This year I have broken a toe and have had three facial malignancies removed. I am impressed with how this old body still heals itself. Six months after breaking my toe the toenail was still black. When I mentioned that to Mary she insisted on seeing it immediately. I think she feared her mother might be walking about with a gangrenous toe. Yes, the toenail was black, but the flesh around it was pink and healthy. It was April Fool’s day when the toenail got caught on my bedclothes. Lo and behold, it was loose and I lifted the whole toenail off, entire, painlessly, leaving behind a fresh new pink toenail. My face, too, shows little sign of surgery on the malignancies.   Then, too, I lost a  molar after 80 years of faithful service and am currently coping with a new, updated denture that used to attach to that molar!

Granddaughter Amy had a December wedding that was extraordinarily beautiful and I think I have raved quite enough about it.    My friend from the Rescue days, Anne Fitzpatrick, died this past year.   We became acquainted in 1988 when we slept next to each other on a mat on the gym floor at Niantic prison.  A widow, she remarried and we went to her wedding.  Following an accident we visited her often at a nursing home  in Springfield.  She was a good friend.  Rest in peace, Annie.

I would be seriously amiss if it did not here put in a plug for a book by another aged blogger, Leona Choy, who at 88 is still not only blogging away but writing and publishing actual print-and-paper books. I recently finished her Living It Up which was so chockful of wise advice and pithy comments (which I was tempted to use as my own) I figured I might as well just recommend the whole book. If you have an aging parent, relative, friend in a nursing home, anyone old you’d like to do a nice thing for, get them Leona’s Living It Up.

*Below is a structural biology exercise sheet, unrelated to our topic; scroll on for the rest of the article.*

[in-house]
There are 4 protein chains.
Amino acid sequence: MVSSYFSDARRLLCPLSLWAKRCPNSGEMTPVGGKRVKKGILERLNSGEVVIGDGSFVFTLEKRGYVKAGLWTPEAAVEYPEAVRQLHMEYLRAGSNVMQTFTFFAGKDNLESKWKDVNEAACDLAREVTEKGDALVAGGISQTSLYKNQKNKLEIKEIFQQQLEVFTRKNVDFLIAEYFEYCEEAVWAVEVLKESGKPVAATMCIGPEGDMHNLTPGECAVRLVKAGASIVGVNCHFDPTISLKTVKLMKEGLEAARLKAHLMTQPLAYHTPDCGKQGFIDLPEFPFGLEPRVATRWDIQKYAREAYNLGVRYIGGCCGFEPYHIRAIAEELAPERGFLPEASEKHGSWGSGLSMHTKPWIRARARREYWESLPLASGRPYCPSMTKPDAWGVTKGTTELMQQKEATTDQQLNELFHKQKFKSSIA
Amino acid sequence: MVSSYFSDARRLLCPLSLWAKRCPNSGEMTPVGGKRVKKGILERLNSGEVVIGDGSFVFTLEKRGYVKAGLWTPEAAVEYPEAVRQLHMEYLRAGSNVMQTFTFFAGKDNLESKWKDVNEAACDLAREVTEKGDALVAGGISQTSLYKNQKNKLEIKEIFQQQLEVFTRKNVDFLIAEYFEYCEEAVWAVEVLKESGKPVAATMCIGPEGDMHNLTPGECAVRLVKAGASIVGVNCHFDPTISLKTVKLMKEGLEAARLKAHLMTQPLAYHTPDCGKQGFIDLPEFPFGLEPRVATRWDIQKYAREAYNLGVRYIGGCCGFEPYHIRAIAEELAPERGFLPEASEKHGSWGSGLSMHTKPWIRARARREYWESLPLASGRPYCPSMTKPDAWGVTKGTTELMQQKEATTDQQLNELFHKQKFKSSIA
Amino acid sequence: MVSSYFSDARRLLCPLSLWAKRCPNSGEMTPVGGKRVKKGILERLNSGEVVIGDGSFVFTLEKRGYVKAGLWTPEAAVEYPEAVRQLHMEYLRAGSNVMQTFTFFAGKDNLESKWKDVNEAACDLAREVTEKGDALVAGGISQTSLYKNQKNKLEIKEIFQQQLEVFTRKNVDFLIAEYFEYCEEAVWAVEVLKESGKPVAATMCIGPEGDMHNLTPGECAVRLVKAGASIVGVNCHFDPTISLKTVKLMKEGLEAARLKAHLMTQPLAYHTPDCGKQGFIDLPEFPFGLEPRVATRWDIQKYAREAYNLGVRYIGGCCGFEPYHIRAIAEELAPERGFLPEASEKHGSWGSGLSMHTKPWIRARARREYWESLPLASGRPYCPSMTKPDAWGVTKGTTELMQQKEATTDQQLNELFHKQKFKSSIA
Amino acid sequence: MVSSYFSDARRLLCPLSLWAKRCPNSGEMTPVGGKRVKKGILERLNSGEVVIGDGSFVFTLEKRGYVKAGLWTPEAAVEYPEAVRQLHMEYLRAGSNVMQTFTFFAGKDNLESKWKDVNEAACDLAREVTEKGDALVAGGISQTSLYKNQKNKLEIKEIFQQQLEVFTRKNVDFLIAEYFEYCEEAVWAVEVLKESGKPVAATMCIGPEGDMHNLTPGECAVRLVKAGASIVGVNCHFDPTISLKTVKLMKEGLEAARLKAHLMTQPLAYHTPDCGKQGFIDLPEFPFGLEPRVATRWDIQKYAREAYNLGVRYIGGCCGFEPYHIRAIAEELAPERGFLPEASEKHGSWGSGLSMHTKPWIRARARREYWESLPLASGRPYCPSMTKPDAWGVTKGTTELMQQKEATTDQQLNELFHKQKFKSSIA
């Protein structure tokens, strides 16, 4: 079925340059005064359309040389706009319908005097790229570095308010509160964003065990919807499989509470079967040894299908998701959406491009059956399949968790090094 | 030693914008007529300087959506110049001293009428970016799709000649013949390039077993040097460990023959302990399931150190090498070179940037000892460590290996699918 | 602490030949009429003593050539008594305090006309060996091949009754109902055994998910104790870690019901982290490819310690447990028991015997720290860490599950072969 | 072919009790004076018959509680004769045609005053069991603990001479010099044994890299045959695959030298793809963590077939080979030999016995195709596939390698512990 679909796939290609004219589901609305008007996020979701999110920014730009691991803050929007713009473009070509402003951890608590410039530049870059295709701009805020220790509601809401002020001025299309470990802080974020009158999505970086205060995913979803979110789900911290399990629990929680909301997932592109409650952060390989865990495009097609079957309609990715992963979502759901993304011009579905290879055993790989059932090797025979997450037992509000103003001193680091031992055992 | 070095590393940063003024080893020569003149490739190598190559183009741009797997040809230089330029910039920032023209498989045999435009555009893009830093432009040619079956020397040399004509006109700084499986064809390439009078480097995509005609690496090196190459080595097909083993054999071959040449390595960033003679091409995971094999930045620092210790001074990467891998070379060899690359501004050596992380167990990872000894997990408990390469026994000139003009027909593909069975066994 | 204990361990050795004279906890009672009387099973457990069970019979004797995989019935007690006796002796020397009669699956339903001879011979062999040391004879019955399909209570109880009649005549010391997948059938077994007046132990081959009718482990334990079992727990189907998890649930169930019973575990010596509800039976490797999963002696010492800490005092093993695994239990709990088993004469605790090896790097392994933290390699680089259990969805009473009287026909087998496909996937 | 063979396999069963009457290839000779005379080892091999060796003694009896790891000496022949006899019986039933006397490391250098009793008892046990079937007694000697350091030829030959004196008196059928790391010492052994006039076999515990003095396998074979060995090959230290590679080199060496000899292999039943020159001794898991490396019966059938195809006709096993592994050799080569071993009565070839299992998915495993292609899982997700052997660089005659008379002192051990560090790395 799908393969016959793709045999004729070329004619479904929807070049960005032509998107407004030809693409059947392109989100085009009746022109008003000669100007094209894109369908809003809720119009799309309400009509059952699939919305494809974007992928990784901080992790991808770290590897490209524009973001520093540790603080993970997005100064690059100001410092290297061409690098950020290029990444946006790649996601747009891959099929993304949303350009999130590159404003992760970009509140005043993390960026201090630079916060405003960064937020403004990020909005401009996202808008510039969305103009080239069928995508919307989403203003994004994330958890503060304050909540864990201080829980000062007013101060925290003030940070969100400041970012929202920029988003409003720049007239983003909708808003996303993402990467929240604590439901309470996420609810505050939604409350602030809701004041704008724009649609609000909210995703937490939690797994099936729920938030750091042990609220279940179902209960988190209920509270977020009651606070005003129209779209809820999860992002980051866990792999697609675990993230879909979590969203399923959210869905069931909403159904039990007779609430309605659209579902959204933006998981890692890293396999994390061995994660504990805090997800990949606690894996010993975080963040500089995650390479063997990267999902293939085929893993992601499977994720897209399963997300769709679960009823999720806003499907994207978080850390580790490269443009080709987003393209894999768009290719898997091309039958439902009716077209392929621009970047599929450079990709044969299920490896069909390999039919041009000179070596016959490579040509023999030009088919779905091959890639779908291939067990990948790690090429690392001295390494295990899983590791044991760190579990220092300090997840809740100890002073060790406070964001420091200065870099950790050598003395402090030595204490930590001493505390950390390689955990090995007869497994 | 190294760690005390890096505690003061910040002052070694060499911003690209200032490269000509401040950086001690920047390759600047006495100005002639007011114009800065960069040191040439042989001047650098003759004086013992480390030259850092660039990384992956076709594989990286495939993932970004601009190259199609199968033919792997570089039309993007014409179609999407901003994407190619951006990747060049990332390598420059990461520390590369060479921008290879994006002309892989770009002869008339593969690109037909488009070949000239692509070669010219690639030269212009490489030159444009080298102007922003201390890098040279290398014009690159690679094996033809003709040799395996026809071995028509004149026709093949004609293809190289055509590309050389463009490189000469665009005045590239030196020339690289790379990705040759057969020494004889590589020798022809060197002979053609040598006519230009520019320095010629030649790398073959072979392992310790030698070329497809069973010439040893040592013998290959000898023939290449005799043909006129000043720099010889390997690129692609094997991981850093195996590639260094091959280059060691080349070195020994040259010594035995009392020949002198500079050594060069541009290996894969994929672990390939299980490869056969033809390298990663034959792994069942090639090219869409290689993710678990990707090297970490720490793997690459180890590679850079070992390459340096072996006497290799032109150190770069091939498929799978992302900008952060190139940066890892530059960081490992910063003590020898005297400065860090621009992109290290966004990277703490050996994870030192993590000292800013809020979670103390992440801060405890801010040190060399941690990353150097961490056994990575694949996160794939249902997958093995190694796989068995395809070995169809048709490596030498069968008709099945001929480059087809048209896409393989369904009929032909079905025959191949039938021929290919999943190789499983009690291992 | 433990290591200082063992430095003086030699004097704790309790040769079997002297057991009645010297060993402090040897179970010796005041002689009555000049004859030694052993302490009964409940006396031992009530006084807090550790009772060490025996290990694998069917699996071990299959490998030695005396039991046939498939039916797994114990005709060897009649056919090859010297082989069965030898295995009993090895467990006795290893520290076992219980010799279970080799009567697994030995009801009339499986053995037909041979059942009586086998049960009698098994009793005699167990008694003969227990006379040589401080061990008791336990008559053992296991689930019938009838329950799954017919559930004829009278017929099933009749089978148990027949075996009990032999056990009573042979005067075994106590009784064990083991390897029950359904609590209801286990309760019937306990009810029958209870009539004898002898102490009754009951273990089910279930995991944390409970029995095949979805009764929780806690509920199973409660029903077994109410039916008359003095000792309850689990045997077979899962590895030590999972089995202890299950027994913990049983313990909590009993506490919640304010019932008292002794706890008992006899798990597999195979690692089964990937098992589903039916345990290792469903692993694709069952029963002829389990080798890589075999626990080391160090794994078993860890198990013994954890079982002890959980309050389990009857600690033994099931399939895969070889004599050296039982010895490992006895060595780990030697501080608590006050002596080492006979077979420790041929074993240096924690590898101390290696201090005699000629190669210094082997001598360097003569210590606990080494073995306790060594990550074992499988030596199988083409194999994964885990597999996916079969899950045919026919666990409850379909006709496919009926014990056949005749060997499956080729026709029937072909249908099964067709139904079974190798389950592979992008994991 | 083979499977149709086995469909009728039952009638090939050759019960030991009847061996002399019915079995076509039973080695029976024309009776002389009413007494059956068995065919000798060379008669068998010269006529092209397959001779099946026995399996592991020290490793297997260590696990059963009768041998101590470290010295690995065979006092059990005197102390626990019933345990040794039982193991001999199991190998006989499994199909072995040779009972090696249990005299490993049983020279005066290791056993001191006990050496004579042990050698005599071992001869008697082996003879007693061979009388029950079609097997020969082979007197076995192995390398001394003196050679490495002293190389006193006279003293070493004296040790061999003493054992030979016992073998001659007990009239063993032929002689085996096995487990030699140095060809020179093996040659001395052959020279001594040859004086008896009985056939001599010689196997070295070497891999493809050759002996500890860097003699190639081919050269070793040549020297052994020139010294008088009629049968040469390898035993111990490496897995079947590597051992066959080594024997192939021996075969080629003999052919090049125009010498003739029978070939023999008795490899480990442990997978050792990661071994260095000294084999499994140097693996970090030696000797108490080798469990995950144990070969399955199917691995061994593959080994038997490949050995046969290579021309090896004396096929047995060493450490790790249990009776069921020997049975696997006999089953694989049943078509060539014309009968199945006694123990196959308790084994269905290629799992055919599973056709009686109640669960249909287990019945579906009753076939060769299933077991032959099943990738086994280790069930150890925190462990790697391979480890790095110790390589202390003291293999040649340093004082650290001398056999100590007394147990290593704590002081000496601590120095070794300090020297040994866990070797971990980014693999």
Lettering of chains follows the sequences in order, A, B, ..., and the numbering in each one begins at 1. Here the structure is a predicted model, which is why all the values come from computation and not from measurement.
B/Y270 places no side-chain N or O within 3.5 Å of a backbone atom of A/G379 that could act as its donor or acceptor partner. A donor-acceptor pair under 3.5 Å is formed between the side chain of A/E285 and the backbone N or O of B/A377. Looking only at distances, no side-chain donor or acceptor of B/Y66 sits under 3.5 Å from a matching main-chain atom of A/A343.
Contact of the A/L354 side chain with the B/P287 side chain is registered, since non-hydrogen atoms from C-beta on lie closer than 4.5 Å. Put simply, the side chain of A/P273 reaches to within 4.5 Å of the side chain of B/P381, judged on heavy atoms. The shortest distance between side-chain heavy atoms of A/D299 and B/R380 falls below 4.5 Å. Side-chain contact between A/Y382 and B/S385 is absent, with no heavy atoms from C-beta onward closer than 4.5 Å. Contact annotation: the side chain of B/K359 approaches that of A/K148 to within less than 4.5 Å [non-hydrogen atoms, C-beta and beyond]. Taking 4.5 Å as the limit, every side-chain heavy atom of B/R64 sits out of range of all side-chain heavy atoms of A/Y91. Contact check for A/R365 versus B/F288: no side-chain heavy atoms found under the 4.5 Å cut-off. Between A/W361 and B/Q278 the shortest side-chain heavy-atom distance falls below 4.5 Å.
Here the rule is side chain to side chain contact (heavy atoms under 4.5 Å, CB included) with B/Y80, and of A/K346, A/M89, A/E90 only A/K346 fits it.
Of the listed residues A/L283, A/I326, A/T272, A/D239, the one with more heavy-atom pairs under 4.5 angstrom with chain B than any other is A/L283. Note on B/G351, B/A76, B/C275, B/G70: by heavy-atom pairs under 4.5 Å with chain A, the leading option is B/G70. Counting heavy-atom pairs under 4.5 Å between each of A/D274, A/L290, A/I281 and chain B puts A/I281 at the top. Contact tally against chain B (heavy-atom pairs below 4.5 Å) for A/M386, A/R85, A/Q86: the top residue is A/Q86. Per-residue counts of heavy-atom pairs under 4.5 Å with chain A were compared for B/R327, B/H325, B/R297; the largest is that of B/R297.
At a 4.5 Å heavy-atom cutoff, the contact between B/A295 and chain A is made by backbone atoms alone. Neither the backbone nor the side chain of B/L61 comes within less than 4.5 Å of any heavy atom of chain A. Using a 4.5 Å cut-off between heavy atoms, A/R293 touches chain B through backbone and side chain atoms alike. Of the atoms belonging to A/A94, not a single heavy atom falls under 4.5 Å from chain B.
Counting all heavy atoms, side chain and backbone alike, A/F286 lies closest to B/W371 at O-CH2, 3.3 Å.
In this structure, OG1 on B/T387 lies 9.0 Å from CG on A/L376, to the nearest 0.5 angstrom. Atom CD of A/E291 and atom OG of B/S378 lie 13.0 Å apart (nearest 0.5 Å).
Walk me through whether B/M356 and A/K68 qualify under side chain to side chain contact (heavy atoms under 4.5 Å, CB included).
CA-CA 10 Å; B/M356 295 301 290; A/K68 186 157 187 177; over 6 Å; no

A recent snapshot of the times we live in  took place in Texas.  A bill was passed by the Texas House yesterday stating that unborn babies could not be aborted after 20 weeks, at which time we know they feel pain.  The bill  also required  abortion clinics to be duly inspected and have access to a hospital in case of emergency.   Pro-choicers attempted to shout down speakers by chanting “Hail, Satan,” and pro-lifers responded by singing “Amazing Grace.”     Every day the lines are being more clearly drawn.

I am sad about what is happening to our beautiful nation, “sweet land of liberty.”     I lament with Hamlet:

O God! O God!
How weary, stale, flat, and unprofitable
Seem to me all the uses of this world!
Fie on’t! O fie! ’tis an unweeded garden,
That grows to seed; things rank and gross in nature
Possess it merely. That it should come to this!

Padre Pio’s advice gives me some peace:  “Pray.  Hope.  Don’t worry.”  We did not make ourselves or put ourselves in this world.  The God who made us  has shown us the way and is worthy of our trust.
And as life slows down and I find myself less able and less in charge  I remember Milton “On his Blindness.”

God does not need
Either man’s work or his own gifts,
Who best bear his mild yoke they serve him best.
His state is kingly.  Thousands at his bidding speed
And post o’er land and ocean without rest;
They also serve who only stand and wait.

After five years my blogging is slowing down but I’m not quite ready to close up shop.   After all, I have new computer and my driver’s license was just renewed last month for another six years!

Stay tuned.